Three patients (9.1%) experienced perioperative complications including dura tearing which occurred two times, however, there were no CSF leakages or no meningitis post-surgery. One patient had aggravation of stenosis at L3-4 level that needed operation. There were no other clinical complications including neurologic deficit, infection, hematoma formation, hardware failure or cases of re-operations were observed during the follow-up period.

Clinical Outcomes

The mean score on the VAS of back pain found to be improved from 8.0±2.9 points during the preoperative period to 3.4±3.0 points at one year postoperative and decreased to 2.1±3.0 and 3.5±2.7 at postoperative 4 and more than 8 years, respectively. The VAS of sciatica was reduced from 7.1±3.1 at preoperative to 2.5±2.8 post 1 year, and it was reduced to 1.5±2.8 and 3.1±2.6 at the same periods, respectively. At their last follow-up, about 94% of patients showed excellent or good outcomes on Odom's criteria (Table 2).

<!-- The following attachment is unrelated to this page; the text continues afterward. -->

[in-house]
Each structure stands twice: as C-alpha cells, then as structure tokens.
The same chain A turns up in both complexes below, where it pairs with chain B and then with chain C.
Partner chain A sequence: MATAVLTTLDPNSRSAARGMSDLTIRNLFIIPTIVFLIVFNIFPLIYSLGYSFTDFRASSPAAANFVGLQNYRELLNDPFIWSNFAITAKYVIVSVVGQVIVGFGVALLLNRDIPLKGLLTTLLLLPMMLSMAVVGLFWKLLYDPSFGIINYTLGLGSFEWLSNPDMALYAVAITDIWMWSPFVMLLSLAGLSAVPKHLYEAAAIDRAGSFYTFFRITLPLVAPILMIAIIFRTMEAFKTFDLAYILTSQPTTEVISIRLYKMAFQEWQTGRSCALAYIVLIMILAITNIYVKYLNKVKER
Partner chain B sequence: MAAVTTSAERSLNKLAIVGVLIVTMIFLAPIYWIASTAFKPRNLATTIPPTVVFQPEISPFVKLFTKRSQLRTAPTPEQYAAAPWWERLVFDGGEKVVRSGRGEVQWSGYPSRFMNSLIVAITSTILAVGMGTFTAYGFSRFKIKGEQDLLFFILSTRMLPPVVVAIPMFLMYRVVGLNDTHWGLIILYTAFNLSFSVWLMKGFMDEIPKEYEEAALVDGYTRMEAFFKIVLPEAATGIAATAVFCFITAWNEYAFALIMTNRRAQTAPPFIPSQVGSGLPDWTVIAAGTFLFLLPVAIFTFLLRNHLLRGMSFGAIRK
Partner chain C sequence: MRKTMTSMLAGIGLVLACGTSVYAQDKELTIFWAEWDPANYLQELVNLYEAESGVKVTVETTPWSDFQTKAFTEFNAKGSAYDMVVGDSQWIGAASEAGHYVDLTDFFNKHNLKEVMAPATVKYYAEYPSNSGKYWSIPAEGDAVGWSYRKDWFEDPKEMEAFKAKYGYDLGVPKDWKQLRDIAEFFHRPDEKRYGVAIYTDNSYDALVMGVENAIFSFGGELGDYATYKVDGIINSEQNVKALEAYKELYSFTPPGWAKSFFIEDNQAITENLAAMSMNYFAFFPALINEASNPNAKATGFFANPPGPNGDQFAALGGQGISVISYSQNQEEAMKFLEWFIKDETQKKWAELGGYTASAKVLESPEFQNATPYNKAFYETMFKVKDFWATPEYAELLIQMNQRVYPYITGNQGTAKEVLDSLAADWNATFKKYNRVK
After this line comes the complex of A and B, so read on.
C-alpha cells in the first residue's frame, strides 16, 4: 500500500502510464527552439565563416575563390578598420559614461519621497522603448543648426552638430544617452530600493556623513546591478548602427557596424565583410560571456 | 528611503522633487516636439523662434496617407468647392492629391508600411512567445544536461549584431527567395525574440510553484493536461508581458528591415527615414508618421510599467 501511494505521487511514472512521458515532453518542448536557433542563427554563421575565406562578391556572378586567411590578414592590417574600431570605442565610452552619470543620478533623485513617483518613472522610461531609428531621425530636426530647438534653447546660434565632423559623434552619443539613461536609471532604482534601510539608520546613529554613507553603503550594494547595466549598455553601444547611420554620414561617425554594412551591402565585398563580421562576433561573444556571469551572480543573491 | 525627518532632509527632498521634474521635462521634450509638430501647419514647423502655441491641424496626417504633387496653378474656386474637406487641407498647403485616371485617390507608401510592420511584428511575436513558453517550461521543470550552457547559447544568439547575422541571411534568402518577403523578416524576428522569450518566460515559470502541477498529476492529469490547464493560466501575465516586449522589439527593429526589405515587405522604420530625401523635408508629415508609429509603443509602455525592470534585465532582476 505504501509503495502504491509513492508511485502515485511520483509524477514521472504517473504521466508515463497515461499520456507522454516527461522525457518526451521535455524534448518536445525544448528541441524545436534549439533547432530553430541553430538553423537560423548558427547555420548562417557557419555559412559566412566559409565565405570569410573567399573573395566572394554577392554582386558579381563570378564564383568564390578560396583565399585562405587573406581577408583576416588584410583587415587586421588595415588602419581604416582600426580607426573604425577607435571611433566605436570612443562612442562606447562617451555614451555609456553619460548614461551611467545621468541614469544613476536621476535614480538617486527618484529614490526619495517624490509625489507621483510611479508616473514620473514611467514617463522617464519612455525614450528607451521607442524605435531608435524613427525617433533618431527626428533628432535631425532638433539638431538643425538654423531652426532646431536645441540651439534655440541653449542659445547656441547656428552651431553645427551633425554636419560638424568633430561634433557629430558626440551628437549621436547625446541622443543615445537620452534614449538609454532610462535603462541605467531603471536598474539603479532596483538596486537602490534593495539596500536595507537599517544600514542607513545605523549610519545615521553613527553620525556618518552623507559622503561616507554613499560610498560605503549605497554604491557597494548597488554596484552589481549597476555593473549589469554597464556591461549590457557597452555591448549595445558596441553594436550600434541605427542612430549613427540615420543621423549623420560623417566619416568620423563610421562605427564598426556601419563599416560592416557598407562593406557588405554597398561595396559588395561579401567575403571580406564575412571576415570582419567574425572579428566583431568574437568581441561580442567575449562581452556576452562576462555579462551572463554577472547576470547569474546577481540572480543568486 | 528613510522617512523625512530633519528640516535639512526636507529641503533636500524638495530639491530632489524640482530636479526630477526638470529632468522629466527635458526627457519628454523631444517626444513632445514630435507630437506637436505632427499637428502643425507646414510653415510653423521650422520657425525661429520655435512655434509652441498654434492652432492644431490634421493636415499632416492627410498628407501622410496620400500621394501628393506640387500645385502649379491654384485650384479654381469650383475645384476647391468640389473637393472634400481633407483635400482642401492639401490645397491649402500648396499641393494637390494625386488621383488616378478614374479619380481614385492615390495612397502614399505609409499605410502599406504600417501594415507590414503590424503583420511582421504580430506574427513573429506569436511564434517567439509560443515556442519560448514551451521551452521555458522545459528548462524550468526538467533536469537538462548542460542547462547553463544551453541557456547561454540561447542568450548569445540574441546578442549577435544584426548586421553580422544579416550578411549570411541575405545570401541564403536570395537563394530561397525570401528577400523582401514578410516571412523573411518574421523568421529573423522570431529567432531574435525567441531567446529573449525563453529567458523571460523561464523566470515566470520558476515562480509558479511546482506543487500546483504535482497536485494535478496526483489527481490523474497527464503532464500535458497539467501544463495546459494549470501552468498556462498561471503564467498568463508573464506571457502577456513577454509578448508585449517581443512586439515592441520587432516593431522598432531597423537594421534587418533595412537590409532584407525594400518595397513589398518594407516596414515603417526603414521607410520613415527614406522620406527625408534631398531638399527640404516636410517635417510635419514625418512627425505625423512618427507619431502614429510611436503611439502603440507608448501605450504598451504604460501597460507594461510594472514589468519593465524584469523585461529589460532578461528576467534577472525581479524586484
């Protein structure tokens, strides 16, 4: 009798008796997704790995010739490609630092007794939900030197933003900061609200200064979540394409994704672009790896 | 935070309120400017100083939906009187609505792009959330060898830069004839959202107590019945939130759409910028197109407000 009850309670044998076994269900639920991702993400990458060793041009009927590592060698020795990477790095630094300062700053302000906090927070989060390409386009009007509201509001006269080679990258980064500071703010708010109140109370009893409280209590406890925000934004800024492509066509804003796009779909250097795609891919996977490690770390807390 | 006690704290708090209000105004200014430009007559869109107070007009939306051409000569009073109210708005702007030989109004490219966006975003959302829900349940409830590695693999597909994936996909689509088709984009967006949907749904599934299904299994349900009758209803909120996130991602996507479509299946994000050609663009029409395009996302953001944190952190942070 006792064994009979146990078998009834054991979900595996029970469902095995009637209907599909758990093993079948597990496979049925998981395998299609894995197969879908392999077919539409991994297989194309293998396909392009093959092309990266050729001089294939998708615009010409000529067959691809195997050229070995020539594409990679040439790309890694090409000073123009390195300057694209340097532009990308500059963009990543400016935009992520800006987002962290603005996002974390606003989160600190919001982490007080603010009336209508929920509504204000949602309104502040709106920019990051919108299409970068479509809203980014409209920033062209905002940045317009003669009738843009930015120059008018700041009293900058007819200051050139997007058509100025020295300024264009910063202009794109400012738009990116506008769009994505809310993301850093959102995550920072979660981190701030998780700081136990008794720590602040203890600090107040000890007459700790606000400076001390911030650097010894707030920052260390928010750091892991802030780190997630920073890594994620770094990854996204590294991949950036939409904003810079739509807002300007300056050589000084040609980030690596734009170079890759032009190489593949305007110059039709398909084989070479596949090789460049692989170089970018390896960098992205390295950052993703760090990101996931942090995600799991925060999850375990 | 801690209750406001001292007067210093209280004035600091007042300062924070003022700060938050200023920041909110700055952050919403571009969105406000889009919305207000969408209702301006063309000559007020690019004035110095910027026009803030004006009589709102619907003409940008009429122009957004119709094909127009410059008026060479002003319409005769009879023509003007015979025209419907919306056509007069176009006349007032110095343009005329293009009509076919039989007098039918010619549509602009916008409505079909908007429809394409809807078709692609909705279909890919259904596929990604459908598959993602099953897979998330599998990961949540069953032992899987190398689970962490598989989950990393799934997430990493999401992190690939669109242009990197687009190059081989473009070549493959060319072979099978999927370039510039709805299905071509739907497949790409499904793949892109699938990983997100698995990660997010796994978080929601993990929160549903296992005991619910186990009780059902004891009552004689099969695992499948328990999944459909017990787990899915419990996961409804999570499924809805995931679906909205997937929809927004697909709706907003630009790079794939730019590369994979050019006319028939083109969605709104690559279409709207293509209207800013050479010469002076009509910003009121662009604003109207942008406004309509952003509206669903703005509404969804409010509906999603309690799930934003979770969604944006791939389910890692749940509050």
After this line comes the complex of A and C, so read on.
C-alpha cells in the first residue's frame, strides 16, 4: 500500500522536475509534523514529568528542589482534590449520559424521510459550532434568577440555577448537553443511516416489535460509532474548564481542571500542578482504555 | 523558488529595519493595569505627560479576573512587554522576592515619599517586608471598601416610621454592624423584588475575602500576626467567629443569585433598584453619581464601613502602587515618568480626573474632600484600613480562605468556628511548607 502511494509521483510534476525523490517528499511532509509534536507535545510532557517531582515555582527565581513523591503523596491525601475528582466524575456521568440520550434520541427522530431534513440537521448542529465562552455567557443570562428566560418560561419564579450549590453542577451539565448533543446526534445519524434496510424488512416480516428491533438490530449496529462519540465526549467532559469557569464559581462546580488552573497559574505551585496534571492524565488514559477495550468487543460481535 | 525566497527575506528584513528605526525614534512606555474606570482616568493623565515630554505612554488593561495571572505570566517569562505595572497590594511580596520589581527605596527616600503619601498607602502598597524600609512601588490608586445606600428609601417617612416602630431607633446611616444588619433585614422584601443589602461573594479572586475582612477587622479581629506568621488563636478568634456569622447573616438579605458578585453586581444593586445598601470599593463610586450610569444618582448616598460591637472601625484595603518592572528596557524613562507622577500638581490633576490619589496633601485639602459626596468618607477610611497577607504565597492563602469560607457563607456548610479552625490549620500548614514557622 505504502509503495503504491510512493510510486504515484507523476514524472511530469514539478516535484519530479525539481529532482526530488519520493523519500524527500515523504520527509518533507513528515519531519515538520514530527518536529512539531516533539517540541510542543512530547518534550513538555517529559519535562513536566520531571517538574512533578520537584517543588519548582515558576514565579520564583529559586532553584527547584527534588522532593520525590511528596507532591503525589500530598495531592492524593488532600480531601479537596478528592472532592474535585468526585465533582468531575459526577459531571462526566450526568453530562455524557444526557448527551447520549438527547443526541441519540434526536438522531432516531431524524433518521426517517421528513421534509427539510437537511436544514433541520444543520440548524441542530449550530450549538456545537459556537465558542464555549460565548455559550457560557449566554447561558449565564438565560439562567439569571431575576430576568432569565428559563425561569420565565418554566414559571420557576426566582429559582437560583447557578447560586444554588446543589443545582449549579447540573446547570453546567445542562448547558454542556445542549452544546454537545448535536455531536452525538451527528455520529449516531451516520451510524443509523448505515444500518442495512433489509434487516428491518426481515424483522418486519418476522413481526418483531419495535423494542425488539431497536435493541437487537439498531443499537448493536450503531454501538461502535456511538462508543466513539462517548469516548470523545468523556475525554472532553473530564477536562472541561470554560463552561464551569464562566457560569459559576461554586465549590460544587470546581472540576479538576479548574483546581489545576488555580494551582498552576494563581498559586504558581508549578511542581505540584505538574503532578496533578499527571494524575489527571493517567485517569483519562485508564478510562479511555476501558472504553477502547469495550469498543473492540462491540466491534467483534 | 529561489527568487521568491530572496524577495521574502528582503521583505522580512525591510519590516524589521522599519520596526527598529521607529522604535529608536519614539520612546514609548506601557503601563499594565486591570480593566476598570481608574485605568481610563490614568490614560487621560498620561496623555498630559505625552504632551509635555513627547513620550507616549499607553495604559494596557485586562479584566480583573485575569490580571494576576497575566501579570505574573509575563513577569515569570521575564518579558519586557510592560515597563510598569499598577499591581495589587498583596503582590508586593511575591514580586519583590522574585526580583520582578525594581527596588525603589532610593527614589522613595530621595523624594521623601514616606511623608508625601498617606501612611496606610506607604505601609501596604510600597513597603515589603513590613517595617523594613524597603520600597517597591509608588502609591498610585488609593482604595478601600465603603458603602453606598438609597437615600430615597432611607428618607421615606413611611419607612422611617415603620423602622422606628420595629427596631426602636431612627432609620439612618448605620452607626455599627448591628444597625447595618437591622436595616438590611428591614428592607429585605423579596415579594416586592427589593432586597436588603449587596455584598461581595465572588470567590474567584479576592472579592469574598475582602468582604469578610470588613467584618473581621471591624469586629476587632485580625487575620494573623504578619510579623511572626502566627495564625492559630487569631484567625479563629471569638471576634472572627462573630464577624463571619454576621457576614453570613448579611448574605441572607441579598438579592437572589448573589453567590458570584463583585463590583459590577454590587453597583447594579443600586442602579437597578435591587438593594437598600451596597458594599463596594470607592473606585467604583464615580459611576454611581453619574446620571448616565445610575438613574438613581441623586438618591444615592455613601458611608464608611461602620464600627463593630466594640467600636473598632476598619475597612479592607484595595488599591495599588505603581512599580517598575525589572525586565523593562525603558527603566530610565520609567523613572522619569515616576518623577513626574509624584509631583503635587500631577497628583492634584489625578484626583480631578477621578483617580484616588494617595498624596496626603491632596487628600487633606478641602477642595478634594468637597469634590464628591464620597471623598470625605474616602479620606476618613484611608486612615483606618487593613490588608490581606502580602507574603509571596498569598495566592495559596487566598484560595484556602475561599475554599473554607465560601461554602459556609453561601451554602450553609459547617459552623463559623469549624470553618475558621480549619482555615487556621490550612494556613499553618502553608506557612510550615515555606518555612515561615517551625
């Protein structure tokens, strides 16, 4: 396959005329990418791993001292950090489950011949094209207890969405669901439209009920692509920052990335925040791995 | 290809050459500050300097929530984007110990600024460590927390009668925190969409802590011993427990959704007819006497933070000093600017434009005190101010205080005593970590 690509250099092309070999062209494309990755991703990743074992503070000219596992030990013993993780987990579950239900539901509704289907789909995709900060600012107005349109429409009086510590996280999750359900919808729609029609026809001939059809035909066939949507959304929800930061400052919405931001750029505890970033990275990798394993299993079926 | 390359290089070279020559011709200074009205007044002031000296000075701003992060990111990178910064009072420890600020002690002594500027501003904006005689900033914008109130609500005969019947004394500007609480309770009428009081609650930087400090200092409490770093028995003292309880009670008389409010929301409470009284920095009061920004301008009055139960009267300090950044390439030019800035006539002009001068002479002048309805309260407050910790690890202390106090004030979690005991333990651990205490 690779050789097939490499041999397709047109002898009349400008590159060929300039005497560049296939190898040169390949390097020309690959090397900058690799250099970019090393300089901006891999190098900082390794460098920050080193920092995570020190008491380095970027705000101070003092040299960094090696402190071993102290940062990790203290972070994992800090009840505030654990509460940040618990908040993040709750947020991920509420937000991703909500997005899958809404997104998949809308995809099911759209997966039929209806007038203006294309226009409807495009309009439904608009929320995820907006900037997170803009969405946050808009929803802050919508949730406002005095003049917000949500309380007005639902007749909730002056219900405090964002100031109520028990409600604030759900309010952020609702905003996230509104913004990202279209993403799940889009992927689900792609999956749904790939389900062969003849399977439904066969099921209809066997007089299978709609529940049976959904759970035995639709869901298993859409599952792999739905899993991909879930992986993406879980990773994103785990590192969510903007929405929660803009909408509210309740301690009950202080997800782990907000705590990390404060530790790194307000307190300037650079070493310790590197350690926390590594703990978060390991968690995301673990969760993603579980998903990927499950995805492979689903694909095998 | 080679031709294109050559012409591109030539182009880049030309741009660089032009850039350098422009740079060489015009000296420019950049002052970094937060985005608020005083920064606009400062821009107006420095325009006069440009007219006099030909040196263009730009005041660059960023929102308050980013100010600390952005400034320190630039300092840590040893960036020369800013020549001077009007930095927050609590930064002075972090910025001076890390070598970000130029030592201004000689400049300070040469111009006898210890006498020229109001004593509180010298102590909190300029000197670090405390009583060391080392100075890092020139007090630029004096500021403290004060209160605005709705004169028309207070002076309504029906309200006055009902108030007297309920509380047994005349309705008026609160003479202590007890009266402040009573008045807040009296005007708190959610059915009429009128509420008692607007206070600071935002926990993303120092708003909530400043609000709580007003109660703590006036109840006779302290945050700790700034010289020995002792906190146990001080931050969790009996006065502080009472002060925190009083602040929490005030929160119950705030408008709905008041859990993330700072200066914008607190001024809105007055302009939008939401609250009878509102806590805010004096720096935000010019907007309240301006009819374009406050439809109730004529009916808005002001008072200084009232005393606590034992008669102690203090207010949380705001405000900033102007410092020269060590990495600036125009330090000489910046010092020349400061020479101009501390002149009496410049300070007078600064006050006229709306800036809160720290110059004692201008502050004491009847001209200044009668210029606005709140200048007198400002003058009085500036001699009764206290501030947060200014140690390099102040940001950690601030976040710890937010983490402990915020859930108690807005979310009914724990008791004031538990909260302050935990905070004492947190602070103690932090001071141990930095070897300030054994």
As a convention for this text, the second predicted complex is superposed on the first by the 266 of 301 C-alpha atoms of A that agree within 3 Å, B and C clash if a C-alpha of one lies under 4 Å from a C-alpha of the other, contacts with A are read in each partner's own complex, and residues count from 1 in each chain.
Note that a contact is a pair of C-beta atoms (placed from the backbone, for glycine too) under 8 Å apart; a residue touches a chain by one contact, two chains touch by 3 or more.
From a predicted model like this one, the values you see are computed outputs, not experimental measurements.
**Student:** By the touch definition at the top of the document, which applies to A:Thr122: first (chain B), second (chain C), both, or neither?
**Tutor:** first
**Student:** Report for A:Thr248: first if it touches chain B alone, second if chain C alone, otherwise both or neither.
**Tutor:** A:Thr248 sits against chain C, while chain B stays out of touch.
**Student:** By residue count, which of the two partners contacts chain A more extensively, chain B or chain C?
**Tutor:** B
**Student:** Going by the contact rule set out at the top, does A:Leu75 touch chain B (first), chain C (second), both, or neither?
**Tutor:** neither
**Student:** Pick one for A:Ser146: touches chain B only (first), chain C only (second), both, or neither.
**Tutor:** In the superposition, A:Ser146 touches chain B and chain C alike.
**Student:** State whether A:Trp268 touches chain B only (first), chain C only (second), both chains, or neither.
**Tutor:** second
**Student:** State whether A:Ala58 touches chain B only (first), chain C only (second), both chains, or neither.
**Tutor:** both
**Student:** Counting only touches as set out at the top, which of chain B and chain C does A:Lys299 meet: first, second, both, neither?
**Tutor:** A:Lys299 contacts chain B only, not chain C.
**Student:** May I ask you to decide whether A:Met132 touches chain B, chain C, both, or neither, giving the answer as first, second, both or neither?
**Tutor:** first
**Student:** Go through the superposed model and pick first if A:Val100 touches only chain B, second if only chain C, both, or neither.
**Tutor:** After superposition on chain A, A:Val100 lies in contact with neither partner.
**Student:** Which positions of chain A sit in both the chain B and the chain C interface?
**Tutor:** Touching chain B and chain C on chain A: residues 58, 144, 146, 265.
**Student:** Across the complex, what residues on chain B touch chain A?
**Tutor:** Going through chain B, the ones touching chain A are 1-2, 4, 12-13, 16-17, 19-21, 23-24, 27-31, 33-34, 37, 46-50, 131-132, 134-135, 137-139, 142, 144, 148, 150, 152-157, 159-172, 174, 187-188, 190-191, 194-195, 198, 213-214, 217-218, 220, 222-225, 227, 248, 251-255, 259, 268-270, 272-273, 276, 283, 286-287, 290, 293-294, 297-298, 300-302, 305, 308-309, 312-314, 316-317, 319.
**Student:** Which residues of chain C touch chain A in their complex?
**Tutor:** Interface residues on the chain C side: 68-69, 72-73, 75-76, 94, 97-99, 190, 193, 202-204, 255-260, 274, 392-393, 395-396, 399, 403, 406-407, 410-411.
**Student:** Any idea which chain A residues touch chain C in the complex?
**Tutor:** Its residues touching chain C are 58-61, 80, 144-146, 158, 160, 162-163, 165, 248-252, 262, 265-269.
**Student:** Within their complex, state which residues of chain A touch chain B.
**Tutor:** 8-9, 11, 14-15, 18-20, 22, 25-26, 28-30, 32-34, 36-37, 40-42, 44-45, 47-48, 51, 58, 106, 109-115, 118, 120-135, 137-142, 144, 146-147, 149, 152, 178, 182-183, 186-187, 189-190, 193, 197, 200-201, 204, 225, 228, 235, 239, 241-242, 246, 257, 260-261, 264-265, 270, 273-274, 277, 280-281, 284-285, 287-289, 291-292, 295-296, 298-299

Radiographic Outcomes

The results on the change of the intervertebral disc height, segmental lordosis and total lordosis are also listed in Table 3. The mean intervertebral disc height was 8.2±1.4mm before surgery and it was increased to 10.7±1.2mm at postoperative and was decreased to 8.7±1.9mm by 2 years and it was stabilized to 8.3±1.8, 8.1±2.1 and 8.7±1.9mm at 4, 6 and more than 8 years follow-up visit. It was modestly decreased on the final visit compared with postoperative state. The angle of segmental lordosis at the neutral position was increased from 12.1±4.0° before surgery to 14.1±4.4° by postoperative 1 year. The angle was maintained for two years with no significant difference (p=0.317), but it reduced at 4 year follow up (p=0.072). The angulation of total lumbar lordosis also changed from 32.8±10.2° to 35.3±8.9° at the same period (p=0.200). But there was not statistically significant difference.
Plain X-rays were analyzed for confirming solid fusion at the out-patient clinic during follow-up period. A total of 30 patients with obvious trabecular bridging on the plain x-ray and the fusion rate was 87.9% at 1 year follow-up. The fusion rates were 91% at 4 years follow-up.